While reported economic data suggests an ongoing recovery, there continues to be a rash of underlying problems which threaten to make any upturn short-lived. We've discussed the deteriorating situation in the Euro-Zone, especially Greece. Recently, another "bomb" has had its fuse lit - the sudden runup in oil prices.
Crude oil prices shot up to nearly $150 per barrel in mid-2008 before the financial crunch and deflation wave led to a several month crash to about $30. At the time, the world economy ground to a halt while financial intermediaries like Lehman, Bear Stearns, AIG, Fannie Mae and a slew of banks all found themselves insolvent in the blink of an eye.
Since bottoming, crude oil has ground steadily higher and appears ready to accelerate to the upside. This week, oil climbed to $87 a barrel, its highest level since October 2008 and prompted concerns that triple-digit crude was once again a propect in the not-so-distant future.
The latest surge seems to have been prompted by rising confidence in a global economic recovery, even if most traders and bankers are still cautious about supply and demand fundamentals.
Pricier oil and other key commodities, notably iron ore and copper, could ripple through the economy and financial markets, potentially triggering inflation and forcing central banks to lift interest rates from ultra-low levels. This could force bond yields higher, but lower the attractions of equities.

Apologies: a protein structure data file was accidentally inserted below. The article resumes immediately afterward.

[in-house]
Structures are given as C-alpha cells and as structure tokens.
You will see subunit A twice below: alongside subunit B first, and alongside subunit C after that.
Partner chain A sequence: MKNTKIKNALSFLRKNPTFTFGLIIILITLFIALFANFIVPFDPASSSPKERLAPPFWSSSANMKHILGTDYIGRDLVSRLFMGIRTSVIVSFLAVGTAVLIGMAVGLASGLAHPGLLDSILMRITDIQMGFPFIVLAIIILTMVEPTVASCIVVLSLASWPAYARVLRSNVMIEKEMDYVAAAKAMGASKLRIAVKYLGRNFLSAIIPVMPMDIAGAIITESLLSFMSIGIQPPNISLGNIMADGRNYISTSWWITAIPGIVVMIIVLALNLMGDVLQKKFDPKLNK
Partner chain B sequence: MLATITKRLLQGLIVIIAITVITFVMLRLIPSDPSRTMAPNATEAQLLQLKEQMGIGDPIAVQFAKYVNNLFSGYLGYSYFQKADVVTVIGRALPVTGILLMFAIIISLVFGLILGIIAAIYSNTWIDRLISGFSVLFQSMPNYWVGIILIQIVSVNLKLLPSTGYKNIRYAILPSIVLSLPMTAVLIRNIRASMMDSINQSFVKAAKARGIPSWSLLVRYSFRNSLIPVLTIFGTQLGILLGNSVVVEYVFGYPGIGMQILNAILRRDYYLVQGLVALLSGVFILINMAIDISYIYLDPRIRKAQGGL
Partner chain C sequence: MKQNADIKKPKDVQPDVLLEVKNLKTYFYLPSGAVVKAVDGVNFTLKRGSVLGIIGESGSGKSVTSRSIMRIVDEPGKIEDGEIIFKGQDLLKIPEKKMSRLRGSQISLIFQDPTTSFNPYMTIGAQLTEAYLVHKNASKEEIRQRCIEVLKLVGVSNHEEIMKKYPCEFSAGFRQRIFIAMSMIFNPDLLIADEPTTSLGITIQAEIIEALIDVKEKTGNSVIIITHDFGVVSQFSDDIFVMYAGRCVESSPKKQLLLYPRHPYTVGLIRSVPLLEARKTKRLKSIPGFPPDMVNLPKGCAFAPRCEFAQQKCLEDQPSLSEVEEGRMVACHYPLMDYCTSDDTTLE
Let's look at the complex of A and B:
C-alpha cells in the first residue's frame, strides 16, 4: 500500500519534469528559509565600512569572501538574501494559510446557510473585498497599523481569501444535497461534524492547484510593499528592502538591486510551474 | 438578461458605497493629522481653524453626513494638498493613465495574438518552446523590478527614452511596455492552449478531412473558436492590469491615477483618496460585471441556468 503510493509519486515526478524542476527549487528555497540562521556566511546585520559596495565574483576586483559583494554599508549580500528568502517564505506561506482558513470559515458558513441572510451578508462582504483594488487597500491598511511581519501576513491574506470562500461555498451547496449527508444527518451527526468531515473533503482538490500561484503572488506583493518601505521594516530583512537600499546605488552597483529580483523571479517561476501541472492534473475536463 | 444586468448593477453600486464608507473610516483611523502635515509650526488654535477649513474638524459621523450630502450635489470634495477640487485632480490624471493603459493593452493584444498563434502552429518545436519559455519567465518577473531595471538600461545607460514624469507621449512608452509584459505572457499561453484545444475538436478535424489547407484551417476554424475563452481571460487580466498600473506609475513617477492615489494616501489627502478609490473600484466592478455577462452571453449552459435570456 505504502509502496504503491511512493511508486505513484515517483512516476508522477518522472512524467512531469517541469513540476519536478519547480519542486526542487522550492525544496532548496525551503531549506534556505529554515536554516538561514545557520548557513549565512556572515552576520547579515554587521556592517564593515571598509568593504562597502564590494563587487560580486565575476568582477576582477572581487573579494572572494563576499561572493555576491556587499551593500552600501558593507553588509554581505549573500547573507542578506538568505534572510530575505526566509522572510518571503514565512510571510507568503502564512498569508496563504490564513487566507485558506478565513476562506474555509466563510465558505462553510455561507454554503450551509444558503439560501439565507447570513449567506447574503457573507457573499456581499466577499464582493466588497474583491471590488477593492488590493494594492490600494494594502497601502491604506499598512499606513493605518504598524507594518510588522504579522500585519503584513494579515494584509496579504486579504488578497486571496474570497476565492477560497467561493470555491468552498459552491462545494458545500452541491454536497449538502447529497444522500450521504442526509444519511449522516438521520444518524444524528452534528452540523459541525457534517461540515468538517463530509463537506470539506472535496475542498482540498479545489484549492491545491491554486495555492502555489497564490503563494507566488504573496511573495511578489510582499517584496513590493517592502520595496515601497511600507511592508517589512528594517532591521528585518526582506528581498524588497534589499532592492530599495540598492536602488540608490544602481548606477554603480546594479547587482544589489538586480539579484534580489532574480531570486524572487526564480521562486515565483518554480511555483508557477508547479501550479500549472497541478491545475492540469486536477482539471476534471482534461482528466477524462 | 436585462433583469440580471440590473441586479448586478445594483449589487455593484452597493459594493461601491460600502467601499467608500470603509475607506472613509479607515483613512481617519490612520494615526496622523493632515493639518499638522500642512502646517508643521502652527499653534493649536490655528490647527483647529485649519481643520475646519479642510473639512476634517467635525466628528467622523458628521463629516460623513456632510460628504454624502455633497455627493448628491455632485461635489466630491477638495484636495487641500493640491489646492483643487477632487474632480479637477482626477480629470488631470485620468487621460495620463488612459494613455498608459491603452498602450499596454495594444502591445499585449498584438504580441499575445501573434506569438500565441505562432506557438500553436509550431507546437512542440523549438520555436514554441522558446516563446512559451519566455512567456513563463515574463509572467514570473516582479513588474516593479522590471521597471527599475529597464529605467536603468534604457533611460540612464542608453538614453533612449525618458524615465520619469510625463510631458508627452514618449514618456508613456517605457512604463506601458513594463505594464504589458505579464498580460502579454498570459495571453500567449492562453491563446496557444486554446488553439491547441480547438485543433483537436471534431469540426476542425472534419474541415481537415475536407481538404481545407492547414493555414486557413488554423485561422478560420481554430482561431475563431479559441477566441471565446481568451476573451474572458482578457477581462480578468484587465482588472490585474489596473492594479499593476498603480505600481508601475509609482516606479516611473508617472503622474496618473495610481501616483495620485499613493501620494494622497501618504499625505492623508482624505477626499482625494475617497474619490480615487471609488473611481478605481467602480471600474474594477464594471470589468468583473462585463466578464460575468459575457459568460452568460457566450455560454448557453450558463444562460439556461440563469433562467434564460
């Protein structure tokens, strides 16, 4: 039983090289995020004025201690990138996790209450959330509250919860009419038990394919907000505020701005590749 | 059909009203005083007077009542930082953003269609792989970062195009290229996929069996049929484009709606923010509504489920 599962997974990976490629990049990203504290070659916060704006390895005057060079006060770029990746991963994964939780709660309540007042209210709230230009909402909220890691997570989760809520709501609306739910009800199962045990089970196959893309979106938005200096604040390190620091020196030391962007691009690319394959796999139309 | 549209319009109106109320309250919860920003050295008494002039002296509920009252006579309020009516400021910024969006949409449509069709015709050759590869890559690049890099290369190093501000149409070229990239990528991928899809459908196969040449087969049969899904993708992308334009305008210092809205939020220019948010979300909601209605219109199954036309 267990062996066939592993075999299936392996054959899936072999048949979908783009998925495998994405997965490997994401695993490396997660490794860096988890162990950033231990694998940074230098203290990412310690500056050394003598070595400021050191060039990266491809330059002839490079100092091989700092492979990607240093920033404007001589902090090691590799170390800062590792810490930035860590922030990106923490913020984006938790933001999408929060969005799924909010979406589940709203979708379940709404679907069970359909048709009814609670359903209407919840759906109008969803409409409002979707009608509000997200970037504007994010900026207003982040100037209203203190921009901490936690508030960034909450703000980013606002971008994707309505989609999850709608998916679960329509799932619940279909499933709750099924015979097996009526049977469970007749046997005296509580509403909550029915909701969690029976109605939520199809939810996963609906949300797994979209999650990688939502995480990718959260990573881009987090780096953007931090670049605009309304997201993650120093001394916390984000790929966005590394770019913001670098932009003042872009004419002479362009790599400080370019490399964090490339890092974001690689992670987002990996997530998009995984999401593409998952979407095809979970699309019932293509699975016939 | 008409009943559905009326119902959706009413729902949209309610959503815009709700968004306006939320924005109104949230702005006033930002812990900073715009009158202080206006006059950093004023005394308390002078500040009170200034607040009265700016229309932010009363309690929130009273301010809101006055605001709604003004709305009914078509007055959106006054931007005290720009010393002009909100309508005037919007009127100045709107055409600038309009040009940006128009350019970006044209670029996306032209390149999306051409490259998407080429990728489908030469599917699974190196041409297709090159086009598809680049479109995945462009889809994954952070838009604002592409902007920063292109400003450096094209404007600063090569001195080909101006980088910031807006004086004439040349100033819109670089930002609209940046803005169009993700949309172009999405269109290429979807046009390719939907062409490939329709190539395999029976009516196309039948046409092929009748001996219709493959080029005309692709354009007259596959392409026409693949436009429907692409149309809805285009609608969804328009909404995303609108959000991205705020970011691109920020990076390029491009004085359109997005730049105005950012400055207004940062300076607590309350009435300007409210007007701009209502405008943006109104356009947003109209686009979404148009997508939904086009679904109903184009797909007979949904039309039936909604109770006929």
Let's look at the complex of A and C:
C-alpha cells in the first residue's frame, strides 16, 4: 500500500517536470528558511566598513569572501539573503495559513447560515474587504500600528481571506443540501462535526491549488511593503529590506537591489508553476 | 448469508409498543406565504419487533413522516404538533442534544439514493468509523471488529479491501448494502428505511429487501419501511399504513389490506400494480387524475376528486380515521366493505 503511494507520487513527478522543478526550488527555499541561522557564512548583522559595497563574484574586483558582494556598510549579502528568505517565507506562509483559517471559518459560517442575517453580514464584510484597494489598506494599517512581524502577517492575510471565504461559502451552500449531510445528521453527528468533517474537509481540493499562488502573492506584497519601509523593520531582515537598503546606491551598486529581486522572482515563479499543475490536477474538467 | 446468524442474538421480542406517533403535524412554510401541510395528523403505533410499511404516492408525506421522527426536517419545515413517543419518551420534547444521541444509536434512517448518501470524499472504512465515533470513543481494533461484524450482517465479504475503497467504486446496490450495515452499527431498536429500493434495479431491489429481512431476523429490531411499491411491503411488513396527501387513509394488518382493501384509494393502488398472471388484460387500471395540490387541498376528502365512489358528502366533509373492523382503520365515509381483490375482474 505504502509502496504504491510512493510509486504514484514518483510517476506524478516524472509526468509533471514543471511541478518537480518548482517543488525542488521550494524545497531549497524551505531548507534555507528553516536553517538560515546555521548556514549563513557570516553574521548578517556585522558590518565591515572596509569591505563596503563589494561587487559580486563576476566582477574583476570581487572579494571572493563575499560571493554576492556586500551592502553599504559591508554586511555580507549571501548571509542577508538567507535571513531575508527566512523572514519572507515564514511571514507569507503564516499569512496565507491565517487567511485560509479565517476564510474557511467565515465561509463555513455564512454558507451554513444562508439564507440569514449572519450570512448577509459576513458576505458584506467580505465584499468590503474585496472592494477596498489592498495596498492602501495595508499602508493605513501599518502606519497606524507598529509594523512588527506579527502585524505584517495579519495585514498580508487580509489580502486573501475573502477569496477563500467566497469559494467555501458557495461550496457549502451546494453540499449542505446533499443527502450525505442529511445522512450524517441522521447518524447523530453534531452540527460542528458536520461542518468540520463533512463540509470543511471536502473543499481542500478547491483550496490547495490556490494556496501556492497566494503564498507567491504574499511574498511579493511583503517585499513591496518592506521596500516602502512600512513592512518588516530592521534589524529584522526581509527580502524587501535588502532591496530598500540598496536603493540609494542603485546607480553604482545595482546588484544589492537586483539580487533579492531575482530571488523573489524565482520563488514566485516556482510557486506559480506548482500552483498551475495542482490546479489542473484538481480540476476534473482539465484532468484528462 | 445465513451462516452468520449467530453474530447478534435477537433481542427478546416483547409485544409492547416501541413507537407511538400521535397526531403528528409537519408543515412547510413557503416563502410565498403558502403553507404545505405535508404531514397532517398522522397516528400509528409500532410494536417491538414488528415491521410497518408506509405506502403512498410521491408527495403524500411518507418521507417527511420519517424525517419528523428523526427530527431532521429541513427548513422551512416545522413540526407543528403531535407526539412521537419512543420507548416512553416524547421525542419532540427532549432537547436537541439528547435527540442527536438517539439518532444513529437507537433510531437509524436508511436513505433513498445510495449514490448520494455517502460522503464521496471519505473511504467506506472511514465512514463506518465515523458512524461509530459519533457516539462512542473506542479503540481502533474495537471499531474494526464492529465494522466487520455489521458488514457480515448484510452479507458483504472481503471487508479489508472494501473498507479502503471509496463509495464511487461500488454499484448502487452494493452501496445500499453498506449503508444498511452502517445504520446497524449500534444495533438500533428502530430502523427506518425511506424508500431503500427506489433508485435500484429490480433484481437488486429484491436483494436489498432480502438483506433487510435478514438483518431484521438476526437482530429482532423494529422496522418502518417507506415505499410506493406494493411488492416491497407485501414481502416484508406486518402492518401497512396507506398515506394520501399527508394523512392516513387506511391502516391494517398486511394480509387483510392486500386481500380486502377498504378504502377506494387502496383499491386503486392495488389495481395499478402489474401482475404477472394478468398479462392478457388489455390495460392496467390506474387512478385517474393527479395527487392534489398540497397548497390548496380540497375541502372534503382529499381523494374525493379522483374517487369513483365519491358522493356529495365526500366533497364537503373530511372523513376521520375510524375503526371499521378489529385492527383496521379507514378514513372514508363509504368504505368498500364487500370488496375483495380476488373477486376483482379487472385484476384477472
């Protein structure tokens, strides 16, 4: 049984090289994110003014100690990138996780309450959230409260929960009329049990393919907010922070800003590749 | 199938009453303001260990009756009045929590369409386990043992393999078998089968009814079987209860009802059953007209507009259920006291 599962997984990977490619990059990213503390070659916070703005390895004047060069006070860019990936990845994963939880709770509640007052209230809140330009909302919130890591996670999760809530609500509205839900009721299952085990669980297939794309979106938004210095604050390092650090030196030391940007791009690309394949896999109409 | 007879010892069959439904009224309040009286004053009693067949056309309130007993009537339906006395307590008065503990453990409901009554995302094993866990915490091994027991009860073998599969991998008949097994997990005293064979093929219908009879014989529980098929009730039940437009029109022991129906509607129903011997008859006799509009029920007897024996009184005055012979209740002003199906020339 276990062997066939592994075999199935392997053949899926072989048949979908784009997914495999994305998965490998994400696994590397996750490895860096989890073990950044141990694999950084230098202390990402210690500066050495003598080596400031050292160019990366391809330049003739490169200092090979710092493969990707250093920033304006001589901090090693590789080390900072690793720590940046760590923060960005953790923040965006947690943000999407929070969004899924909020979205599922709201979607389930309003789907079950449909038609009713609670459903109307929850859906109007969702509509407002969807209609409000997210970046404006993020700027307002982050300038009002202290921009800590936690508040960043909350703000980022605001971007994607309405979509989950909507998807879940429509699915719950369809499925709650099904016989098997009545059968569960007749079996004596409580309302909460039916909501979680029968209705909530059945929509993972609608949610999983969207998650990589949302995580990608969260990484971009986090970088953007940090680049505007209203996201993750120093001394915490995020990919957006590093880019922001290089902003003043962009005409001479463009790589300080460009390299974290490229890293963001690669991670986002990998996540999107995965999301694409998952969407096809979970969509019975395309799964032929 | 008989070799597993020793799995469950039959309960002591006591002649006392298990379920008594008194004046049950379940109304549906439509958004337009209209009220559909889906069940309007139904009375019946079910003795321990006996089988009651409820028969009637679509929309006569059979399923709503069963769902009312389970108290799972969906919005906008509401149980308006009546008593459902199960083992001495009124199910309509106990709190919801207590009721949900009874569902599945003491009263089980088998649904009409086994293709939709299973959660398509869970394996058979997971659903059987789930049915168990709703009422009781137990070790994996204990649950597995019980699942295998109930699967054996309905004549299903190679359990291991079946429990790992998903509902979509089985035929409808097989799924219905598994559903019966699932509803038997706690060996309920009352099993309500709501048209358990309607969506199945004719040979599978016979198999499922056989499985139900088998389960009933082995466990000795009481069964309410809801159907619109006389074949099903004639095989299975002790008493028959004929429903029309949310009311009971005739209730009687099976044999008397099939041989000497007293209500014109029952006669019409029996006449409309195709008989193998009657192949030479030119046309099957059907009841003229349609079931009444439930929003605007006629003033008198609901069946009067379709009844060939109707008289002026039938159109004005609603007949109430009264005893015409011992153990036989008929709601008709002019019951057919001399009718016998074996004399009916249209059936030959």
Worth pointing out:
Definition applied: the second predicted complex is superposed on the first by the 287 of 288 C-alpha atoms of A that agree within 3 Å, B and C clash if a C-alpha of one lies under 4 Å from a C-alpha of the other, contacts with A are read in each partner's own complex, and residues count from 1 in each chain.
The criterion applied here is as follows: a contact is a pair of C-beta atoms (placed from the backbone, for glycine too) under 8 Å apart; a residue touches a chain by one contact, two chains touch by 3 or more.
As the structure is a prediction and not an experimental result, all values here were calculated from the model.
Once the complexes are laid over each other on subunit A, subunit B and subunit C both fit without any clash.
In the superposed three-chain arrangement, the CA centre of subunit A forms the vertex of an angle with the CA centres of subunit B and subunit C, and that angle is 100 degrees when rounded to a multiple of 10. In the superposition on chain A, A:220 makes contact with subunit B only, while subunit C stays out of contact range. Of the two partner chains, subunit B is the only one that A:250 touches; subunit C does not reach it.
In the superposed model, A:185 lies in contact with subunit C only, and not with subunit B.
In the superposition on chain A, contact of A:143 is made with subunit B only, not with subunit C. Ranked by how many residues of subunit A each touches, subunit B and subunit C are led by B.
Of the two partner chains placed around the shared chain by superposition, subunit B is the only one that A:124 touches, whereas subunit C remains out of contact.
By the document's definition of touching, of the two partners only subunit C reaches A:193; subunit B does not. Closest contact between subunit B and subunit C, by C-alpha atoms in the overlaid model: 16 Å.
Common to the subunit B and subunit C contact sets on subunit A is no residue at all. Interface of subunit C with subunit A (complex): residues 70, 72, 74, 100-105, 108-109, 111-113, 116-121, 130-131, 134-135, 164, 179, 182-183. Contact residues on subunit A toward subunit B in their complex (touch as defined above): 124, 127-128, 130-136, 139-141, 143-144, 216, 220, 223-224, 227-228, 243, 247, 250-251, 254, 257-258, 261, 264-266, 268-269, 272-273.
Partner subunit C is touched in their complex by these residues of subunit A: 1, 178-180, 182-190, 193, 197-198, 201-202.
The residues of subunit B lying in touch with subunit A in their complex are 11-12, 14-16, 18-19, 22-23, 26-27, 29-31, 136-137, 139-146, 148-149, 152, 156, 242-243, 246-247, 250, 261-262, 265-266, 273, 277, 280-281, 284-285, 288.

A HUGE difference from last year is that then the oil price was rising against the backdrop of a weaker dollar. This year crude and the dollar have risen together. In other words, had the dollar been weakening, the price of crude would be MUCH higher.
Prices are as much an effect of the economic expansion as a threat to it. China, the fastest-growing economy, is expected to consume 520,000 barrels per day more this year than last. China's growth in demand alone will make up 1/3 of the worldwide growth in crude demand.
Higher crude prices are starting to be felt at the pump. Only a couple of months ago, gasoline prices were under $3.00 per gallon, but in many places are now within reach of $4.00 and may shoot higher as the summer driving season gets underway.
In Great Britain, gasoline prices are now £6 gallon. This has lead to a significant falloff in demand and is an element in the declining pound and sluggish U.K. economy.
Adding further to fears are the recent escalation of tensions over the Iran situation, as more countries are prepared to impose sanctions. A huge unknown would how Tehran might react to sanctions and the prospect of a military reaction given the growing suspicions that the country is now a nuclear threat.
Furthermore, recently, Iraq has shown signs of destabilizing and plans to develop Baghdad's huge oil fields might be in jeopardy.
Clearly, any Middle Eastern military confrontation would immediately send crude oil prices well into the triple-digit range and have worldwide economic ramifications.
In the age of "Peak Oil", any disruption of supplies will have grave effects on the tenuous global financial structure.
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